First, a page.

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Success at kayak fishing

Success at kayak fishing

Fishing is a popular activity on the Gold Coast. There are many ways to fish, but kayak fishing has gained some recognition as an exciting and fit way to catch your favourite fish. Byron Hoskins finds out more during his chat with a local angler Heath Roberts.

Are you looking to turn those donuts into regular tight lines every time you go for a flick? Are you frustrated with your regular spots not producing the goods? Are you seeking to lose that beer gut but want to exercise while you do something you love? Well you might want to keep reading as we sit down with a young local angler Heath Roberts, who has the know-how on improving your catch when using a kayak.

Heath is known to consistently strike a bend in his rod and to use his drag as a musical instrument, all before a day’s work at BCF. Heath made his first TV appearance in a kayak only a few months ago, showing Paul Burt the ropes on bass fishing at Clear Island Waters. If he’s giving local legends tips, then I think you should read closely to his insight on kayak fishing.

When did you start fishing in a kayak? 

I started fishing in a kayak about 5 years ago, when I realized how much water I could fish.

Why do you fish in a kayak? What are the benefits?

I fish from a kayak for many reasons. The first is that a lot of my fishing trips are spontaneous and relatively unplanned (in between work and Uni). The ability to just pop a kayak on the roof and go for a fish with no need to worry about fuel or registration appealed to me. The other major reason is the areas you can access with a kayak, small creeks and shallow waters, are often [inaccessible] by boat and almost always hold good numbers of fish as a result. When I fish offshore, the longer distances I cover also act as a form of fitness for me, so I get to fish and keep fit at the same time!

What kayak do you use on a regular basis?

I have two kayaks to suit my needs: an offshore kayak and a smaller inshore kayak. My offshore kayak is a Popes canoe fishing ski. It is a fiberglass vessel about 12 feet long and relatively narrow. The combination of this length and width allows for easy tracking in a straight line, which is what you want for covering water and catching waves. This kayak also has a rod locker hatch (which doubles as a fish hatch!) and a dry hatch so everything except my paddle and PFD lifejacket is stored safely in case I roll.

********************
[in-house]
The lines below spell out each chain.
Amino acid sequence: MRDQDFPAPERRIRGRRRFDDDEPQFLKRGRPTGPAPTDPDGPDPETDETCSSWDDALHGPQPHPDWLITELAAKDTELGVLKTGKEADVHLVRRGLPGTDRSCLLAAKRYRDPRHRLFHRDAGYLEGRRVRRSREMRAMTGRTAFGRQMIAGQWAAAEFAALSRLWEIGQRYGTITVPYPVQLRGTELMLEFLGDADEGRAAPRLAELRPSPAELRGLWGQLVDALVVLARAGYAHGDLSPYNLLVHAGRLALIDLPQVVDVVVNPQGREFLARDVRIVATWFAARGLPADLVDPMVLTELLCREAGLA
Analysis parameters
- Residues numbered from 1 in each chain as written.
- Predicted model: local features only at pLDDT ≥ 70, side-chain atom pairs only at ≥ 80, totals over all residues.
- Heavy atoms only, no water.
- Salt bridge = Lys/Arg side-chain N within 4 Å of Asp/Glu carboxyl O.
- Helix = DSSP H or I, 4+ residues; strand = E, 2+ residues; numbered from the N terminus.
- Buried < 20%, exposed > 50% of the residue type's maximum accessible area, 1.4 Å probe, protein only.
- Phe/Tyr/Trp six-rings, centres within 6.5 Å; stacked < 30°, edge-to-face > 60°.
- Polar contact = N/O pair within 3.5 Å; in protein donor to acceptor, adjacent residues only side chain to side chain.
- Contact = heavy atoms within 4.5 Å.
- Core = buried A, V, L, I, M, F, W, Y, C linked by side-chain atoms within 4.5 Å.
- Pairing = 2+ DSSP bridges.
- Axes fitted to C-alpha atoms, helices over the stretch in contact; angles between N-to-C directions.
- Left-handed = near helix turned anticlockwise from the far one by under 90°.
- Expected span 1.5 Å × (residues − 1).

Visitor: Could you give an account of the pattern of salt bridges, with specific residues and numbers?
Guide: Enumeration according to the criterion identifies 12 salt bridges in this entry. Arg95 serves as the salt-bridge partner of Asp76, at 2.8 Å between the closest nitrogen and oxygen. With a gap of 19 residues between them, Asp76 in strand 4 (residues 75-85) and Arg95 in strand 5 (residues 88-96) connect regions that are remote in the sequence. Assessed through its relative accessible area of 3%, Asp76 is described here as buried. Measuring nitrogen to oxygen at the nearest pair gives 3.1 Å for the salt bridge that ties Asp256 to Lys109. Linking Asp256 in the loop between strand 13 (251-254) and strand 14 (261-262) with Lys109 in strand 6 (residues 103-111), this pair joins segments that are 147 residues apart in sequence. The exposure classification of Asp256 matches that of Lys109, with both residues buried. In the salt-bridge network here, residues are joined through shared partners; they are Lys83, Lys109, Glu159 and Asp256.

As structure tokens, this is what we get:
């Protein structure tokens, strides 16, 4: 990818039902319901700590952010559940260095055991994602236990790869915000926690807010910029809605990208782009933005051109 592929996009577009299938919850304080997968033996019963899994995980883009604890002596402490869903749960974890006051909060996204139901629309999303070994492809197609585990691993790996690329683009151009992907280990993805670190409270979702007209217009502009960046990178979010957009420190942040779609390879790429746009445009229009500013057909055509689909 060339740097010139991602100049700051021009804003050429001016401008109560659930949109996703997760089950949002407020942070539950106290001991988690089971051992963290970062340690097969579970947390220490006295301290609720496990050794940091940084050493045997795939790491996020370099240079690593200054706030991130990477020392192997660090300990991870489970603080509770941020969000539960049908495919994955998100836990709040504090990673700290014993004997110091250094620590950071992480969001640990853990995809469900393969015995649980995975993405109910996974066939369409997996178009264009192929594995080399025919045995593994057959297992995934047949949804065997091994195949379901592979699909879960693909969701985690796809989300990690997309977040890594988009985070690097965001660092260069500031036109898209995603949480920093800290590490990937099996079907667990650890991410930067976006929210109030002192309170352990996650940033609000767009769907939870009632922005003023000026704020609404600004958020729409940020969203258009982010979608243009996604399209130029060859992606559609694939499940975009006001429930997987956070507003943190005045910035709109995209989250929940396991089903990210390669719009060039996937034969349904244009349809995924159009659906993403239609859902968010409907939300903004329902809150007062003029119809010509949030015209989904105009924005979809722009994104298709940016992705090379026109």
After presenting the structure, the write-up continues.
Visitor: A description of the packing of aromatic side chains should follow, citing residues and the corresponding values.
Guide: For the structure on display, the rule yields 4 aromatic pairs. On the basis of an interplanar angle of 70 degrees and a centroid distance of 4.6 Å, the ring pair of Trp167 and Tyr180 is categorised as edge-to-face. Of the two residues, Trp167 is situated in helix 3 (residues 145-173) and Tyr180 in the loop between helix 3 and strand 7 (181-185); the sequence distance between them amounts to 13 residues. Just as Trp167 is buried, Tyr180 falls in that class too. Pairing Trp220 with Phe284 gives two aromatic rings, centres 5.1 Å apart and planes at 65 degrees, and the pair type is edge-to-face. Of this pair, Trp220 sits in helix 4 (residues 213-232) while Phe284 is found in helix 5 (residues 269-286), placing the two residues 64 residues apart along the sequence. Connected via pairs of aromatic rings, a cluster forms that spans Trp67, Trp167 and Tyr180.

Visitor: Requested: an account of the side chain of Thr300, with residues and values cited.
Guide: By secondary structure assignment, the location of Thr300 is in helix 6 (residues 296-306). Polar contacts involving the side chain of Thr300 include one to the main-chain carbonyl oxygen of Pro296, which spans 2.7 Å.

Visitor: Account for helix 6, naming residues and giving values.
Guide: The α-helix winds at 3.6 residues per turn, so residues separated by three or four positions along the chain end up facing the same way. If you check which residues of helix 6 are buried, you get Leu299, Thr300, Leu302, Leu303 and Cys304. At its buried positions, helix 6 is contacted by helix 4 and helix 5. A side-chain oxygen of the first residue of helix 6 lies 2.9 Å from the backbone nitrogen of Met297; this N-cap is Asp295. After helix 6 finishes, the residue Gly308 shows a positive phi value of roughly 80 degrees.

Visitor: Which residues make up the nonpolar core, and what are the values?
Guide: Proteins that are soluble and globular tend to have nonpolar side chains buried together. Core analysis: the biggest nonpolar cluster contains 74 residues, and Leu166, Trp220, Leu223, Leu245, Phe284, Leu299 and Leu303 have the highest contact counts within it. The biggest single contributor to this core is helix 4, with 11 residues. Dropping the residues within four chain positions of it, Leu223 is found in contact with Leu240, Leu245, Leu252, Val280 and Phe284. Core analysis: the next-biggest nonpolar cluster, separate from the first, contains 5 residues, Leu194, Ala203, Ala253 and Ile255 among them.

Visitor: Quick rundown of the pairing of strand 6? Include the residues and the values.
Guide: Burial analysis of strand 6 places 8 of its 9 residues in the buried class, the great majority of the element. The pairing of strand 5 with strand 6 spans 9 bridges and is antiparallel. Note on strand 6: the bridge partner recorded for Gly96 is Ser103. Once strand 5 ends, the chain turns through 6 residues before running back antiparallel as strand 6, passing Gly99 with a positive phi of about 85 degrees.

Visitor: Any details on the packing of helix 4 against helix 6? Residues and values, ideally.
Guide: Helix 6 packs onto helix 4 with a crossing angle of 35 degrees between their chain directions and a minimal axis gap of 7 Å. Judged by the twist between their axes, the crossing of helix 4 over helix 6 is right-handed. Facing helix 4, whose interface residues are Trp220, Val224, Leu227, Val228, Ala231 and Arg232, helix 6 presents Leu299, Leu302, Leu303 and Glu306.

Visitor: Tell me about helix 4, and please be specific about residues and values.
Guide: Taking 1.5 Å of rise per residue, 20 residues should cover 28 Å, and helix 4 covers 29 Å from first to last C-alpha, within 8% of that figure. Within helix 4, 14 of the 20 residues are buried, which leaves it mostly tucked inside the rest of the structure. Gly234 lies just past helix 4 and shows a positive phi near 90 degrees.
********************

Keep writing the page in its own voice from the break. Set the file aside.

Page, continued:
My inshore kayak is a Malibu Mini X and it is a rotor-molded plastic kayak about 9 feet long and fairly wide. A shorter, wider kayak is better for maneuverability and because it is made from heavy duty plastic, this kayak can take everything the creeks can throw at it. There is a dry hatch in the middle and two flush mounted rod holders at the back.

Offshore :

What species are you targeting and the time of the year, and under what conditions ?

My offshore season in a kayak usually starts around the end of November (right around the time mackerel should start showing up). My general rule of thumb is: find the bait then find the fish. The fishing ski is fitted with a Lowrance Elite 4HDI fish finder and GPS, and this allows me to fish locations where I have caught fish before, as well as see what’s happening beneath the kayak! If the mackerel are on the chew then it’s simply a case of spinning metal lures from 20grams to about 65grams around the schools of bait. If I am having a day where I can’t find any bait schools then towing a pilchard rigged up with a pink trailer skirt will almost always produce the goods.

Where do you fish?

Palm Beach reef, Mermaid reef and Gravel Patch are all easily accessible from a kayak (depending on your level of confidence!).

Advantages of the kayak?

I find the simplicity and easy launching of a kayak to be a huge plus for me for offshore fishing.

Fresh Water :

What species are you targeting and the time of the year, and under what conditions?

Kayak fishing for bass is easily one of my favorite past times. This occurs in the upper reaches of Gold Coast creeks during the summer months when the fish have finished their breeding cycle. Smaller 1000-2500 size spin reels and rods between 6 and 7 feet are ideal for flicking small lures accurately into cover. If you were fishing a new area of water for bass, then I would recommend throwing a spinner bait. These flashy, noisy and big profile lures make for excellent search baits as they can call hungry bass from a long way away.

Advantages of the kayak?

The biggest advantage for sitting in a kayak while bass fishing is your ability to fish every angle of a snag or over hang where the bass will be hiding, and this can be crucial on days where the fishing is tough.

Estuary : 

What species are you targeting and the time of the year, and under what conditions?

Estuary fishing is something I do on two occasions of the year, spring time flathead and mid-summer mangrove jacks. Flathead will spawn in the mouth of the estuaries during the start of spring and all it takes is a soft plastic placed on their nose to trigger a bite!

Mangrove jacks take a bit more work and patience from a kayak but they are very rewarding fish to catch! I will target them when the water in the creek is between 22 and 26 degrees Celsius. My “jack gear” is simply a 20lb bait caster outfit with 20lb braid and 30-60lb leader. Casting Zman 4” swimmerz in towards where you think a jack might live has been a success for me. These areas are generally somewhere the fish can sit and wait, just out of the current, for mullet, shrimp or any other baitfish to swim past, which make for an easy meal.

Advantage of the kayak?

The biggest reason why hooking a mangrove jack is so hard is the area you need to cover on some days. Fishing from a kayak allows you to fish a lot of ground in stealth, with accuracy and that is key when jack fishing!